Interesting account from Social Europe Journal on the myth behind the supposed benefits of ‘structural reform’. As this article shows there is no indication that making labour more “flexible” has done anything to improve an economy.
In fact, it is highly doubtful whether the deregulation of the labour market in the 2000s can account for the currently very positive employment performance in Germany. The strength of the German labour market, which saved so many jobs in the downturn of 2008/2009, stems from its high ‘internal flexibility’, i.e., variations in regular working hours and overtime work, working time accounts, and publicly funded short-time working schemes, and not ‘external flexibility’ which relies on easier hiring and firing (see also here). So while deregulation policies do not explain the good employment performance in Germany, they likely contributed to the widening of inequality and the stagnation of domestic demand.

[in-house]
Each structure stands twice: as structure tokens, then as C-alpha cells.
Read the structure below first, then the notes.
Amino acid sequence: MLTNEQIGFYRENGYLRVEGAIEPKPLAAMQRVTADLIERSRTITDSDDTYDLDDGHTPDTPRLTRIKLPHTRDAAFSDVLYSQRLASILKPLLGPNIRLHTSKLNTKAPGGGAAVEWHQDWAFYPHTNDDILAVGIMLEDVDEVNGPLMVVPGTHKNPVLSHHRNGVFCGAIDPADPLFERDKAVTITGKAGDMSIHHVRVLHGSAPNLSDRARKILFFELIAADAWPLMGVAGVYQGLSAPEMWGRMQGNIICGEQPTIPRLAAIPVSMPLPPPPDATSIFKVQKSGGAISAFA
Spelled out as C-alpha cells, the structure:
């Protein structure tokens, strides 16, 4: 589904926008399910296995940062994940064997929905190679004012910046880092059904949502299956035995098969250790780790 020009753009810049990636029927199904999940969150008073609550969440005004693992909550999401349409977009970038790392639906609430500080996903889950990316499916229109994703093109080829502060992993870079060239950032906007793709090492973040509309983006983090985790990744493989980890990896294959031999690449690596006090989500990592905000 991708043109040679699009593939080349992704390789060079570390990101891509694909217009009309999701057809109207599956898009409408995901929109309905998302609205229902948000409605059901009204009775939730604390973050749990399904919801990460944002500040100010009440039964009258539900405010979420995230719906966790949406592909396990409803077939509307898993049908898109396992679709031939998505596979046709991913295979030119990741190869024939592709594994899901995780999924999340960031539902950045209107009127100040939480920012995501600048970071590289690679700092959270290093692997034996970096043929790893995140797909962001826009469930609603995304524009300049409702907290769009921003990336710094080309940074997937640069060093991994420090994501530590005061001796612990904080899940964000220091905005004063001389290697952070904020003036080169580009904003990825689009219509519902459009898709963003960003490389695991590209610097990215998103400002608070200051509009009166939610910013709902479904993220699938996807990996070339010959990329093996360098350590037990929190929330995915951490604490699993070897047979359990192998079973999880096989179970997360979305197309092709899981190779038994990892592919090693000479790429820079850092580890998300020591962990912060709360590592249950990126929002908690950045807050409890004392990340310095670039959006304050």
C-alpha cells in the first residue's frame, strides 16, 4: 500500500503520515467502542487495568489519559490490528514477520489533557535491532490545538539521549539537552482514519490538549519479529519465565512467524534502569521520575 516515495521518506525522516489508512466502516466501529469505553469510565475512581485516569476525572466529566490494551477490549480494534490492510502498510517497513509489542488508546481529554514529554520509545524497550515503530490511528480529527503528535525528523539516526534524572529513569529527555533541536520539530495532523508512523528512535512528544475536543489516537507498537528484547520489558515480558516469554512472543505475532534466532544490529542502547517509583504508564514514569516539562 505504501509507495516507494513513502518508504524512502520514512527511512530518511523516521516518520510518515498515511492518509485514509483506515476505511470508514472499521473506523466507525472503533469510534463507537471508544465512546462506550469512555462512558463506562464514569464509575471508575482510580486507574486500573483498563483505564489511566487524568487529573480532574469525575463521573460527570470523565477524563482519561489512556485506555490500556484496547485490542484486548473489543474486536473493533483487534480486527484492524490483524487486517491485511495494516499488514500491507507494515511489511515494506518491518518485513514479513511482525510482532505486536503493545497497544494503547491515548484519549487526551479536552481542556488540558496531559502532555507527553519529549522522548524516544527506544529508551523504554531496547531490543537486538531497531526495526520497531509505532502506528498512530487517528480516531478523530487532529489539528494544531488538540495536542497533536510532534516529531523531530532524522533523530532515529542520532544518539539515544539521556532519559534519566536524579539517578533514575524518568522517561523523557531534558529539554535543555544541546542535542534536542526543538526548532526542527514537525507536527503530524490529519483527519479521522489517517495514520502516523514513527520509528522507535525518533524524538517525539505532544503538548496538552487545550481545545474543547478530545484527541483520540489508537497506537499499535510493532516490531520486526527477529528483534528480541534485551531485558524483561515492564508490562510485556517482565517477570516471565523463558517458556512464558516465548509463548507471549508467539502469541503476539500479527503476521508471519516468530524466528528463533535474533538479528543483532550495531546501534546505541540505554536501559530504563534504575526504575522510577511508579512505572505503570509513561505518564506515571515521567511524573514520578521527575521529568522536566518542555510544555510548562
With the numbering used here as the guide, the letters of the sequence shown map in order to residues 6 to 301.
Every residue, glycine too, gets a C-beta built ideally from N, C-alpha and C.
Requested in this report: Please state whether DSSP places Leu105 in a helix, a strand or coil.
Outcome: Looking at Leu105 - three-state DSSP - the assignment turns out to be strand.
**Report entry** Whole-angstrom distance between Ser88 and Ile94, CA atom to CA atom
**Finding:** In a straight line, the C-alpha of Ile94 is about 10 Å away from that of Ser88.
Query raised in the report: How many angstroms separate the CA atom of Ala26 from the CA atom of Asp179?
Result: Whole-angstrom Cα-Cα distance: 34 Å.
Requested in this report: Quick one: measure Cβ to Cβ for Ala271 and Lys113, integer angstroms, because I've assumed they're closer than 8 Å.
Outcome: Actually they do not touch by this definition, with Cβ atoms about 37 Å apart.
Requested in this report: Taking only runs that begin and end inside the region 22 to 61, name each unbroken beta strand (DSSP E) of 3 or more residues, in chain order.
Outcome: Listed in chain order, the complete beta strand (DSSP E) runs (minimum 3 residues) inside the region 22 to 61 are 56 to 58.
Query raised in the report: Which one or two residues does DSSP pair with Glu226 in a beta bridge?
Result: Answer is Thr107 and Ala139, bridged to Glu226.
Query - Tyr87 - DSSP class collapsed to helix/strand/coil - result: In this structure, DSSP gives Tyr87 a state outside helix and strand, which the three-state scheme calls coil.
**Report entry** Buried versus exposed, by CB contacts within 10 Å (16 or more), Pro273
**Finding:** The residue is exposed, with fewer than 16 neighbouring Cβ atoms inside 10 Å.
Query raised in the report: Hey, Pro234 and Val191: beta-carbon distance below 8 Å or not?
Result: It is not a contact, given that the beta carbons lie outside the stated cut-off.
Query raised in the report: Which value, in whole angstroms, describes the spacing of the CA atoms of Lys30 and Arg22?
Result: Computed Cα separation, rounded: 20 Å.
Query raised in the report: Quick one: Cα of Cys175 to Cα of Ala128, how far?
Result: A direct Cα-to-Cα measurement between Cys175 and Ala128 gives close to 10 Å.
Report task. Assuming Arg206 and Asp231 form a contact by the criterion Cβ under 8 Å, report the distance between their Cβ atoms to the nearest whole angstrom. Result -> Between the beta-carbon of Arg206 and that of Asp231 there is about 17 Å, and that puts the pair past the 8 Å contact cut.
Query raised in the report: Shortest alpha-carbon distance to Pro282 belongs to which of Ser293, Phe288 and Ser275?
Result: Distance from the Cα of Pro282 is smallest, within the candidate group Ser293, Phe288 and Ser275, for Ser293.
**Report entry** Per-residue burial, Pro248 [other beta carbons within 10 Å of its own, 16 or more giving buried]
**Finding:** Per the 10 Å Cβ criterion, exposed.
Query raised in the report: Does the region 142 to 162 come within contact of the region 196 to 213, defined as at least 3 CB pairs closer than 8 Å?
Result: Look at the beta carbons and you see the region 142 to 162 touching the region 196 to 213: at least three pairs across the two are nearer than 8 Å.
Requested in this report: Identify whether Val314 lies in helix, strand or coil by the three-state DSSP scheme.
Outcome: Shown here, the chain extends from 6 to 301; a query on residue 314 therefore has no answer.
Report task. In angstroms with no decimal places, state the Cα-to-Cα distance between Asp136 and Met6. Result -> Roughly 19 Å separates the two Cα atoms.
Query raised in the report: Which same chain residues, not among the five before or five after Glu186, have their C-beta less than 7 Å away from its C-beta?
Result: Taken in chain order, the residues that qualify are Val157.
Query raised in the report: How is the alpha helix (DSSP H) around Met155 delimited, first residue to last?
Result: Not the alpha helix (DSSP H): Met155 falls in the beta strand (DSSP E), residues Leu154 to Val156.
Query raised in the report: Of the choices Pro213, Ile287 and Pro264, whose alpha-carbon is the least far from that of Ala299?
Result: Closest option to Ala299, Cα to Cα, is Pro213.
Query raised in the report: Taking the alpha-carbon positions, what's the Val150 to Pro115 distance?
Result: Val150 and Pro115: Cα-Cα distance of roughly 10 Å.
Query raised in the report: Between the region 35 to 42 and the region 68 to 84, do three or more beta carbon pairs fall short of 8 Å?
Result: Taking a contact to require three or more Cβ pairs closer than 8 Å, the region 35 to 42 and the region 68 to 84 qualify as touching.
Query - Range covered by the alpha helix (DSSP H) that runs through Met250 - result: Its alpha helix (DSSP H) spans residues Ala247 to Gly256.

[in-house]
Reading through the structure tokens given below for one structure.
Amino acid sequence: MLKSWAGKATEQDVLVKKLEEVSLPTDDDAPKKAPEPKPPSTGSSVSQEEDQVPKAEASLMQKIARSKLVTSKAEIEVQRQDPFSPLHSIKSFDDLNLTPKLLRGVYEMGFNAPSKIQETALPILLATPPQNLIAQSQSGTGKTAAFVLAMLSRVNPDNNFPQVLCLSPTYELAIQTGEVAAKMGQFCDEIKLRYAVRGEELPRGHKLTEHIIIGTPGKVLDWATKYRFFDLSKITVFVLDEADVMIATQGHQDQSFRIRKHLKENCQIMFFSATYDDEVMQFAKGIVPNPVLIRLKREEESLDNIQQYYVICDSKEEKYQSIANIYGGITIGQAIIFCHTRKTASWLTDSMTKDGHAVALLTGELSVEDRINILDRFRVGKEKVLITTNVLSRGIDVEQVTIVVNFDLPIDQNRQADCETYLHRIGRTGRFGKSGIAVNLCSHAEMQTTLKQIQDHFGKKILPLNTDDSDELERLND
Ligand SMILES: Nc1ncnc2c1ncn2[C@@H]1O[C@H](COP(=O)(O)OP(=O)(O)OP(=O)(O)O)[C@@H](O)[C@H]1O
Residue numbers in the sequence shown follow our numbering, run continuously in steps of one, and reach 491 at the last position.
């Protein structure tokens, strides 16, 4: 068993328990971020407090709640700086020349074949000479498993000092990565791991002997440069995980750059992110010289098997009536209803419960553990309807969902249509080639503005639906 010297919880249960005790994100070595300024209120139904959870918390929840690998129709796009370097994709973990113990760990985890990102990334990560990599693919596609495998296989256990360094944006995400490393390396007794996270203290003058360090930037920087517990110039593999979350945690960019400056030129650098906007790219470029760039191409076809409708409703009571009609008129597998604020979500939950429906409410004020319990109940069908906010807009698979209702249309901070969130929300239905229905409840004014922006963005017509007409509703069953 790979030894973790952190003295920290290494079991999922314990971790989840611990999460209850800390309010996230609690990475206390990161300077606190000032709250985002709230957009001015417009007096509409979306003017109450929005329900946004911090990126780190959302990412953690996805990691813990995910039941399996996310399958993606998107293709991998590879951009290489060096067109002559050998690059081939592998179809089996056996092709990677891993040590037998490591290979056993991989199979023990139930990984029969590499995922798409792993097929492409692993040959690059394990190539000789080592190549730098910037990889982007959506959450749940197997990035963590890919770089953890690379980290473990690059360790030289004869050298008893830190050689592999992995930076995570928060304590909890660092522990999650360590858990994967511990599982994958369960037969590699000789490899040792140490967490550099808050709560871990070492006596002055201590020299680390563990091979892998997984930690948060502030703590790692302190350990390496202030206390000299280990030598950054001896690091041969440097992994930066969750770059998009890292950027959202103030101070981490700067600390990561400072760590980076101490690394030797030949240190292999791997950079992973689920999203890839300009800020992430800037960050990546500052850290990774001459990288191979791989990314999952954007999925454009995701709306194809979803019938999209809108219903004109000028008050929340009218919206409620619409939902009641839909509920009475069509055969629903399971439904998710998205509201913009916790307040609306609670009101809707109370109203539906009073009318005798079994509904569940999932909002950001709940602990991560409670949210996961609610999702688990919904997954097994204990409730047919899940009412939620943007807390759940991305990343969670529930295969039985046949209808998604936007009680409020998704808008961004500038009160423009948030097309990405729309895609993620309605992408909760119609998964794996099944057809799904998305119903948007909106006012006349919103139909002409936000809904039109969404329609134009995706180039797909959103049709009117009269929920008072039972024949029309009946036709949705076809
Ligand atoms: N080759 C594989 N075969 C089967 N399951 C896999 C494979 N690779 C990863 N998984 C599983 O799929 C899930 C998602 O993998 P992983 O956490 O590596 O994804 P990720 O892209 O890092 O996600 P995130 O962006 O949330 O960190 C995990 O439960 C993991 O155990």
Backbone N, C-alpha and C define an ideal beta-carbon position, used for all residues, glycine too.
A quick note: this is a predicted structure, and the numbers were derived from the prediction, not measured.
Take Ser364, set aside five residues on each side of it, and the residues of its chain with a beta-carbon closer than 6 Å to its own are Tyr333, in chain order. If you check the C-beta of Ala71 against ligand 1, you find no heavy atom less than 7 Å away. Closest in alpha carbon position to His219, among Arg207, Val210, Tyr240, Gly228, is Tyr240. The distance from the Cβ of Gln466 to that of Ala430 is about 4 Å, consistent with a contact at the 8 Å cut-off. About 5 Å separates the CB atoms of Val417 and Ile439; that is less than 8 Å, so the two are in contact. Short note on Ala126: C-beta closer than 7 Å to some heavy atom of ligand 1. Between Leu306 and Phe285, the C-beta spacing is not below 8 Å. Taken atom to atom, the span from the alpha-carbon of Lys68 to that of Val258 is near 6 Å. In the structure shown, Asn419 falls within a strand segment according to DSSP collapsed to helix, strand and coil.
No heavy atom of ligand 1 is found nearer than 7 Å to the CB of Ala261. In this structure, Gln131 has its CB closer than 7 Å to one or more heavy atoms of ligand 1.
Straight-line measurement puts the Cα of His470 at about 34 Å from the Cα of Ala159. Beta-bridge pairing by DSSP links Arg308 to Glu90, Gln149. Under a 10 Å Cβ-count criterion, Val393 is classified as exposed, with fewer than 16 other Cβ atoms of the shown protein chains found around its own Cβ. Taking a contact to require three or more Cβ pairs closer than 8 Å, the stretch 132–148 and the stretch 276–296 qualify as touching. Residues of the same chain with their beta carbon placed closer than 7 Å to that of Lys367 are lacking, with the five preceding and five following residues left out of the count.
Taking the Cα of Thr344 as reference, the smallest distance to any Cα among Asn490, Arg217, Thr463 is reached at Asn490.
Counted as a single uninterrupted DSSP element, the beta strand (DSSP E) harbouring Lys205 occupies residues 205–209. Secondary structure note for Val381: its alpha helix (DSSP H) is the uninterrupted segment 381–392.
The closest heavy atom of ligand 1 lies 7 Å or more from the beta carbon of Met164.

Latest posts by Donagh (see all)
- The policy of transferring incomes to capital and the rich - September 6, 2012
- ILR Will Not Blink While Facing Down the Jaws of Excessive CPU Usage - September 6, 2012
- Dan Froomkin | The Jobs Crisis Obama, Romney and the Low-Wage Future of America - August 29, 2012
- Money as a Social Construct – Talk Given by Mary Mellor - August 27, 2012
- - August 23, 2012